India’s national highway network expanded significantly, with a 59% increase in the total length of national highways in the 10 years leading up to 2022. The expansion positioned India as the world’s second-largest road network after the USA. 

The introduction of FASTag has notably improved toll collection efficiencies, reducing waiting times at toll plazas from 734 seconds in 2014 to 47 seconds in 2023. 

These infrastructure improvements proved to be further unlocks for manufacturing. 

The cargo handling capacity of India’s significant ports substantially increased, reaching 1617.39 Million Tonnes Per Annum (MTPA) as of March 2023. India was targeting a nearly 300% increase in port handling capacity by 2047, aiming to raise the country’s total port capacity from 2,600 MTPA to more than 10,000 MTPA. 

India’s manufacturing focus, infrastructure boost, and tech surge positioned it to become a global export giant, reshaping the international trade landscape.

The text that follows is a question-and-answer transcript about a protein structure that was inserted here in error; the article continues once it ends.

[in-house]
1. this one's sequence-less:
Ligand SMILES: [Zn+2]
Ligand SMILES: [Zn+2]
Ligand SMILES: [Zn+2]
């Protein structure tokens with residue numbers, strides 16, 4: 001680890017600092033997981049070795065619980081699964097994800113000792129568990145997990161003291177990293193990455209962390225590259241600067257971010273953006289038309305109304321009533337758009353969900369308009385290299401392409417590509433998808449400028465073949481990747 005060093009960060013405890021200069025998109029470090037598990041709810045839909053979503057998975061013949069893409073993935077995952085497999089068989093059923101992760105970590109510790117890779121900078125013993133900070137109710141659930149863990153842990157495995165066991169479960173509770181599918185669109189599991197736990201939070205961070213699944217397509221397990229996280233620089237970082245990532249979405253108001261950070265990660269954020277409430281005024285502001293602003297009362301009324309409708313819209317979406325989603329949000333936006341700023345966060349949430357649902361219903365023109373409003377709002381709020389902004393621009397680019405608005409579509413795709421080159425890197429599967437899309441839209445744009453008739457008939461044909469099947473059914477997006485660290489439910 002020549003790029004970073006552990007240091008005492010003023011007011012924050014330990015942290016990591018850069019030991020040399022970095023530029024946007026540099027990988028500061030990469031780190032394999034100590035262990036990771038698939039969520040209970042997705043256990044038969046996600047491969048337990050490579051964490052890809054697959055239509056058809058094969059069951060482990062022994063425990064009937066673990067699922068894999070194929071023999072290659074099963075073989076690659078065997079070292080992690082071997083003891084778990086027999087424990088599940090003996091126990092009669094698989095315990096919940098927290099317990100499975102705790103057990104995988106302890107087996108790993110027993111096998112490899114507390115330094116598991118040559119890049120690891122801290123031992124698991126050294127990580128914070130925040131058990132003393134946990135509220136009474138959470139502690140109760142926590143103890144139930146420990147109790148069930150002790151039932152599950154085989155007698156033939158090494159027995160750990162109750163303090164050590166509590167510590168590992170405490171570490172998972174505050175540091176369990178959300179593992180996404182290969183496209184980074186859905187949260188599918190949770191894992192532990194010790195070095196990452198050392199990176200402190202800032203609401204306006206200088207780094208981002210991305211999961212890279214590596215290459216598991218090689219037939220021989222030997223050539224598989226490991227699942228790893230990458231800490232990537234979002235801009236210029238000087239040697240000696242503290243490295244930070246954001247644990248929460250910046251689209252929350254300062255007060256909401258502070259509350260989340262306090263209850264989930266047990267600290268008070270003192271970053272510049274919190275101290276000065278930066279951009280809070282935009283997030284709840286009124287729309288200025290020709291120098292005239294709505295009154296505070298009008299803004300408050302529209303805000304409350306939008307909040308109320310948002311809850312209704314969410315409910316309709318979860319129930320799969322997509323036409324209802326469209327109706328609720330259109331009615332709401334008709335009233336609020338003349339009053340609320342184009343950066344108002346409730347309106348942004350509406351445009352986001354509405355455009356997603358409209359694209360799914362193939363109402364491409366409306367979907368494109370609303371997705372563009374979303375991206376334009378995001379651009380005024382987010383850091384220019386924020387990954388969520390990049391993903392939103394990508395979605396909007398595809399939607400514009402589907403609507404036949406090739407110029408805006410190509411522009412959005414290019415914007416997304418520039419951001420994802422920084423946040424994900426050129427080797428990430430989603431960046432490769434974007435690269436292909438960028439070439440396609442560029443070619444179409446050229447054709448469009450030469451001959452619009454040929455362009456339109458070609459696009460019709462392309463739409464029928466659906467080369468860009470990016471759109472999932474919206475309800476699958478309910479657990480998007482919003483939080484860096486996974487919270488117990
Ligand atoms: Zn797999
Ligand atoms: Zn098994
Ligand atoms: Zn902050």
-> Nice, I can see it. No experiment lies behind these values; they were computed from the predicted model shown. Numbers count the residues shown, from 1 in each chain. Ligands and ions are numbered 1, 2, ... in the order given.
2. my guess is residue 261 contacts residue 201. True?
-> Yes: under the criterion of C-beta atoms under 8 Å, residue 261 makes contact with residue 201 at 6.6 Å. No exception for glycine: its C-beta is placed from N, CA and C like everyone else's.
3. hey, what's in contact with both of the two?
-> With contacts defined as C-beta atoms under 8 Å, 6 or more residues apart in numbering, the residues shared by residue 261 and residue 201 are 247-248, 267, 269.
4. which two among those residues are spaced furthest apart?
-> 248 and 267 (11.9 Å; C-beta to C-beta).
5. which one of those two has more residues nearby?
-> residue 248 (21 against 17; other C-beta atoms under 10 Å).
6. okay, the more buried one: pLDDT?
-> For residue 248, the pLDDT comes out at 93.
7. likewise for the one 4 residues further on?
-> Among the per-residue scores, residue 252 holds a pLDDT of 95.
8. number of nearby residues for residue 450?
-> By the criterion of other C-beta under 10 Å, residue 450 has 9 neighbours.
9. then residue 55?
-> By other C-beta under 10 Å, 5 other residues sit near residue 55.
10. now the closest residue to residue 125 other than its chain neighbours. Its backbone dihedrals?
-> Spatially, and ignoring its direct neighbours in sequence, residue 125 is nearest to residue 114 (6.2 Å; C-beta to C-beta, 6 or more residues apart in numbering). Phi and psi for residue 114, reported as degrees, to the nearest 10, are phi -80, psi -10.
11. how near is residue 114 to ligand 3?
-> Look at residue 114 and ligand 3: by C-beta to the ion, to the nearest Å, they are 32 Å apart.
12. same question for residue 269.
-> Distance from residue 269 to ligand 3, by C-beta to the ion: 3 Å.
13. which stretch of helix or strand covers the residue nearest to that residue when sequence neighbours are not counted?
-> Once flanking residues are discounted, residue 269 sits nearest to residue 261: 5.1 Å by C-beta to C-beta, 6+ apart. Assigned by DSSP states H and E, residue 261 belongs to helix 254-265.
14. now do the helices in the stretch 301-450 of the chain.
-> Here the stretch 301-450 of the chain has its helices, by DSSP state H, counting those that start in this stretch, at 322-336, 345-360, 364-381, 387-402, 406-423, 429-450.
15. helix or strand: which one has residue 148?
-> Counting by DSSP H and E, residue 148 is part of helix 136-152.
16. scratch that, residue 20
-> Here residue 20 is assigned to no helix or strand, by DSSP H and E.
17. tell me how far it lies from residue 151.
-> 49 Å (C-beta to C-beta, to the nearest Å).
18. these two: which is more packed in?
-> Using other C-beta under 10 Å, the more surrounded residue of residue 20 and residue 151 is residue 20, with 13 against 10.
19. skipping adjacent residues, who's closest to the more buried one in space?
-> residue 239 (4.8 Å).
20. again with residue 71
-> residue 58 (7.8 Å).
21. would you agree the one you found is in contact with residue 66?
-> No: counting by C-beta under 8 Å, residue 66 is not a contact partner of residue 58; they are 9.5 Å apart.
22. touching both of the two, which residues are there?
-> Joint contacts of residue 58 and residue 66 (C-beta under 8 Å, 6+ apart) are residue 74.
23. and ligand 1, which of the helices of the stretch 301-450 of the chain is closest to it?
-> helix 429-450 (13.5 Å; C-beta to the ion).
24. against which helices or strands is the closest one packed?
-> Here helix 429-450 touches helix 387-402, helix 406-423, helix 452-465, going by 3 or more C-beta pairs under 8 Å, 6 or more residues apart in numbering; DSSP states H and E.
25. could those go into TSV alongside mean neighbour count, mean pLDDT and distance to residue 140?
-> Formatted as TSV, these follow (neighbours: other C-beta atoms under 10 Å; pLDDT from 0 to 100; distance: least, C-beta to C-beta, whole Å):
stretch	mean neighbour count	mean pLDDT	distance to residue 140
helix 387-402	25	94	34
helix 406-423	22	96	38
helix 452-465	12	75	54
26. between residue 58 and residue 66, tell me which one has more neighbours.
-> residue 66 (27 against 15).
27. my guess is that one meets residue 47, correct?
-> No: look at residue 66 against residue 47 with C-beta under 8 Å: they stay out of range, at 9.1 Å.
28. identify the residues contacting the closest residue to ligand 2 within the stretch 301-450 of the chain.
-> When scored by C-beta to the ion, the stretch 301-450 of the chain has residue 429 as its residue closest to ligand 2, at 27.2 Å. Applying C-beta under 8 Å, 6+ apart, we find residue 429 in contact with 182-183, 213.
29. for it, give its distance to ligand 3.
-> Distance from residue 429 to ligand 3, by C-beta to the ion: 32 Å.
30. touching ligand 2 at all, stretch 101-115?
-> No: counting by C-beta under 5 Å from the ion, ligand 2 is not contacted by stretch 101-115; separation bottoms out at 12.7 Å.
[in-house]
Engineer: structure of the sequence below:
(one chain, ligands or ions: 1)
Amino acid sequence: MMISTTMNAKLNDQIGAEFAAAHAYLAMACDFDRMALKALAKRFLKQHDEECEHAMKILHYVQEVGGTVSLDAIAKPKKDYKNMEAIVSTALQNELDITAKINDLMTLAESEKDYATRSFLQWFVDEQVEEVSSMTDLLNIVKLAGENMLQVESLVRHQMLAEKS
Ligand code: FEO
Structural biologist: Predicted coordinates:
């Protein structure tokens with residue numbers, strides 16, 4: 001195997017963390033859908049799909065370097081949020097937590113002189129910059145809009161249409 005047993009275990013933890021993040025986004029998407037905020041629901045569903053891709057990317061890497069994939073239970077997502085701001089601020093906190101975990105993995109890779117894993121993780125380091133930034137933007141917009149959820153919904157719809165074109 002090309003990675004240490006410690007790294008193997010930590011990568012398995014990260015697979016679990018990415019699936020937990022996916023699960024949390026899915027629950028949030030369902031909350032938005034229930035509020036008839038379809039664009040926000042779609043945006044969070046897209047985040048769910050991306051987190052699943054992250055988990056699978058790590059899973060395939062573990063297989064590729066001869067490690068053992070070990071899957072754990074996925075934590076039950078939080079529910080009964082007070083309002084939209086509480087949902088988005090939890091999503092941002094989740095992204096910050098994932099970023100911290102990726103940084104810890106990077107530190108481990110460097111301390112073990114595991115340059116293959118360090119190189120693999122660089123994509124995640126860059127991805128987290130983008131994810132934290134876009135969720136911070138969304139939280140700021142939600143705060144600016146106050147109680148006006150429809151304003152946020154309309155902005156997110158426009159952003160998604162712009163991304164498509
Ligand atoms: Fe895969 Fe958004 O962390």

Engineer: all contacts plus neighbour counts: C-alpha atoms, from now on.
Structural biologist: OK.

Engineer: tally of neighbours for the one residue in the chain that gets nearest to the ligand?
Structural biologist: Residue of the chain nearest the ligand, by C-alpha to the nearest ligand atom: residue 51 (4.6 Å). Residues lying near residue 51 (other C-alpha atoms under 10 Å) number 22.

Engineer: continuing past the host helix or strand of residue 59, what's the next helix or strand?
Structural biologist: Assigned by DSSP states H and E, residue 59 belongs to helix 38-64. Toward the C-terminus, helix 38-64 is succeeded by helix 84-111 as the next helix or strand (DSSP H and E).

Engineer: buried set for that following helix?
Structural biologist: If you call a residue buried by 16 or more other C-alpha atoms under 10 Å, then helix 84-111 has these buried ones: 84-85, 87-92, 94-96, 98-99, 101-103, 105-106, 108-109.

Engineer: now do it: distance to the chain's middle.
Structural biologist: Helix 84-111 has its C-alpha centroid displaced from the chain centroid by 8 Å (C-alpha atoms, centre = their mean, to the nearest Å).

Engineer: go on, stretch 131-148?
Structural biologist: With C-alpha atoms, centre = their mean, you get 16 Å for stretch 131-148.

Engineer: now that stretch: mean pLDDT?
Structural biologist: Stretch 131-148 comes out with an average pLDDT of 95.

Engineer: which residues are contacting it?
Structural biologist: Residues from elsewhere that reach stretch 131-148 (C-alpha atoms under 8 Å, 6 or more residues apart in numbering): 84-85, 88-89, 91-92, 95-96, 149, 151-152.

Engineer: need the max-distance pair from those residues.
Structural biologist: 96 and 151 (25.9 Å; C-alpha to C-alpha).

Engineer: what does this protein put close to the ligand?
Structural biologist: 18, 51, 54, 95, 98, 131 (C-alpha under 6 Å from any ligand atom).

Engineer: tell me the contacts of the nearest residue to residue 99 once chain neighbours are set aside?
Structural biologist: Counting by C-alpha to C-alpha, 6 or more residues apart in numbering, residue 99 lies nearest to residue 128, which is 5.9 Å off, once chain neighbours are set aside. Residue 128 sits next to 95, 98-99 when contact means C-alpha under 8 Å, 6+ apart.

India was finally getting an opportunity to wrest the initiative from China. 

Power Play

By 2022, India was emerging as a potential manufacturing powerhouse.

With strength established in chemicals, pharmaceuticals, automotive and textiles, India had reasons to succeed. 

India possessed inherent strengths in these sectors over its US and European peers. A sizable, trainable workforce, mineral and raw material availability, and proximity to key markets, including the domestic market, helped. 

A new shoot of growth that built on these capabilities was electronics. 

Manufacturers like Samsung, Wistron, and Foxconn shifted production to India because of strong manufacturing and R&D capabilities, a growing supplier base, and strong policy support. 

India soon became the 3rd largest exporter and 2nd largest manufacturer of mobile devices, having ~10% market share behind Vietnam and China.

The country moved beyond assembling and is into precision manufacturing in categories like mobile camera lens case making, and prefab units, among others.